Where I think each Pure Illusion world comes from in Flip Flappers (part 2)
(This won't make much sense if you haven't seen Flip Flappers, plus it sort of has spoilers.)
To follow on my original entry on the sources of the Pure Illusion worlds, here are some additional notes that are really too big to be added on as an update to the original entry.
- episode 3: As of episode 11, the episode 3 desert world is pretty
strongly attributed to Sayuri, per @PeterFobian and
Nick Creamer's tour of the Pure Illusions worlds
contains a longer explanation of the evidence (and some additional
- episode 5: I'm basically persuaded by Emily Rand's argument in
Yayaka's world (and a few stray thoughts on Flip Flappers'
that episode 5's setting comes from Yayaka. And frankly it's just
neat for it to be that way, because (as Emily Rand notes) there are a
whole lot of thematic resonances and reflections between Yayaka and
the setting. It's the kind of thing that makes me slap my forehead
and go 'wow, it so totally makes sense'.
(I'll also note that despite the horror movie overtones, the setting of episode 5 is not intrinsically dangerous. There are no monsters, no deprivation, no threats. If anything, the school is a refuge from the dangerous outside.)
- episode 9: I'm not persuaded by Emily Rand's argument (from the above-mentioned entry) that the world here is (mostly) the twins. I stand by my views that it primarily draws on Yayaka, although I'm willing to believe that it's intended to reflect and draw on the twins as well. Another person also feels that the episode 9 world is likely the twins. But I still feel that the visual resemblance to Yayaka's locker room scene at the start of the episode is too on-point for Yayaka to not be deeply involved.
In a show as deliberately constructed as Flip Flappers is, I can't help but read something into the last-minute revelation about the source of the episode 3 world. What I personally see it as is a message from the creators to us that we're not overlooking clues to where all the worlds come from; for some of them, we don't necessarily have enough information because the show has simply not shown it to us, just as the show hadn't shown us the necessary information about episode 3's world until the last moment in episode 11.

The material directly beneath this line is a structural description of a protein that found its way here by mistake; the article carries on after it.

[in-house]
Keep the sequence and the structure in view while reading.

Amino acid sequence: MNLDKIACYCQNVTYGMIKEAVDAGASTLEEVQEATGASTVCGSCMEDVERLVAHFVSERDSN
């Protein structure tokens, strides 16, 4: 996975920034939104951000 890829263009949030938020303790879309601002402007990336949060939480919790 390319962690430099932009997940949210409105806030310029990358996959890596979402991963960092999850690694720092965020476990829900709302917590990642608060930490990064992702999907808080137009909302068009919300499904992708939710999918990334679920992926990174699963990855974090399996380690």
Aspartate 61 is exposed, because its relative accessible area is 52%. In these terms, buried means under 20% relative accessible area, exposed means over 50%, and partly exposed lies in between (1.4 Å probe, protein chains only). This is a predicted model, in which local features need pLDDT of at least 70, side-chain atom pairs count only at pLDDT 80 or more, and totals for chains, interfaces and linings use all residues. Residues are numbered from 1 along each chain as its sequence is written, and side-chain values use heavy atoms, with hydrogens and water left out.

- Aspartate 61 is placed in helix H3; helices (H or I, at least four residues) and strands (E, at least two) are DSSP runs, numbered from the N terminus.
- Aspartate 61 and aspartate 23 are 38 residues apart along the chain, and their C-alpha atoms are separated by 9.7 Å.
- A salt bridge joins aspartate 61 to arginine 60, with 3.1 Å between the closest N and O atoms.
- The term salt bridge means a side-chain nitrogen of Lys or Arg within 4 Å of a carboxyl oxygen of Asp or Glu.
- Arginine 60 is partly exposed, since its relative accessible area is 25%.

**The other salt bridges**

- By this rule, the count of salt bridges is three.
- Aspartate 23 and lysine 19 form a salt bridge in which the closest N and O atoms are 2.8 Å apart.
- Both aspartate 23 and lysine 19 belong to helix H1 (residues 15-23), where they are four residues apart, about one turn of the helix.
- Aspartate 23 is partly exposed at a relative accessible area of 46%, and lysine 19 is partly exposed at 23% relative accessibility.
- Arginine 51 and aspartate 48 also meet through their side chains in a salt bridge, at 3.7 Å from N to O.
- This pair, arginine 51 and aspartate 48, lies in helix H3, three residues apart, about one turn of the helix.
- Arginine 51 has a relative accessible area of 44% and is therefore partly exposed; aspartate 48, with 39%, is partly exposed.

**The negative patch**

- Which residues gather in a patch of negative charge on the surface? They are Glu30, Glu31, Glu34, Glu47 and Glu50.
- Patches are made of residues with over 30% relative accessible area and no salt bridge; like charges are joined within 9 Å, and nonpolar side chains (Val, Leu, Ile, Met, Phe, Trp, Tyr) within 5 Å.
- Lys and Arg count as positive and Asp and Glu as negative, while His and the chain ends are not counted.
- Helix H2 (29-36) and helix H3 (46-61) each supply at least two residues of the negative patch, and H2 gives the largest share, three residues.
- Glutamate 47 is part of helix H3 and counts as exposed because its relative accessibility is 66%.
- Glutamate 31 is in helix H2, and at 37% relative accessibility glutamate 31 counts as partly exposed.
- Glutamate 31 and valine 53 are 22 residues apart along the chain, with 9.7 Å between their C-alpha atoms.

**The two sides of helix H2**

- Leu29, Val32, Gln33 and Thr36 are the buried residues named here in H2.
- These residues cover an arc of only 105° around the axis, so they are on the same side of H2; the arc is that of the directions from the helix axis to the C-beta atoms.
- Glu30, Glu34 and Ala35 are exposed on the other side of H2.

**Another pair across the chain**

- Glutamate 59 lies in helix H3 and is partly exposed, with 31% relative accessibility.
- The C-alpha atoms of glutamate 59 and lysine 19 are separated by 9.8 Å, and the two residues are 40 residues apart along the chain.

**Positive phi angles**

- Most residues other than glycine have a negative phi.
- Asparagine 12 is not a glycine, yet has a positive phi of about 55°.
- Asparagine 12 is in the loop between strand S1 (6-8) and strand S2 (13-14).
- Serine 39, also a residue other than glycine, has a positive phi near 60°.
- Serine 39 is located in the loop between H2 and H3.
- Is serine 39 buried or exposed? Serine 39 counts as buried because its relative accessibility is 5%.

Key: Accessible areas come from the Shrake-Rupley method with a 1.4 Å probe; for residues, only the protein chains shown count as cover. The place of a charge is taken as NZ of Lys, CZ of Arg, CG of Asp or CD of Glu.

As a result, I don't think any of the remaining uncertainties can be settled with evidence from within the show. If we find out for (relatively) sure, it will be through future interviews with the creators, BD booklet notes, and other external sources of information.
(Apparently the director wanted to add at least some additional things to the BD releases of Flip Flappers, so it's possible that BD versions of episodes will also reveal more things. But I haven't heard anything about that so far.)
Some trivia on the bikes and gear of Long Riders!
Apparently the manga version of Long Riders! is much more explicit about what real-world bikes all of the protagonists rode than the anime was (as usual, the anime altered most brand names). This report on the manga volume 5 release names everyone's bikes, and this Reddit comment has more specific model numbers (and see also this Reddit comment on Ami's road bike).
The first surprise here is that Makino, the brand name of Saki's bike, is a real Japanese bike maker and is used un-altered in the anime. In fact, Makino has put together a web page on Saki's bike, with full specifications if you can read Japanese, and seems to be quite happy to be associated with the manga and the anime.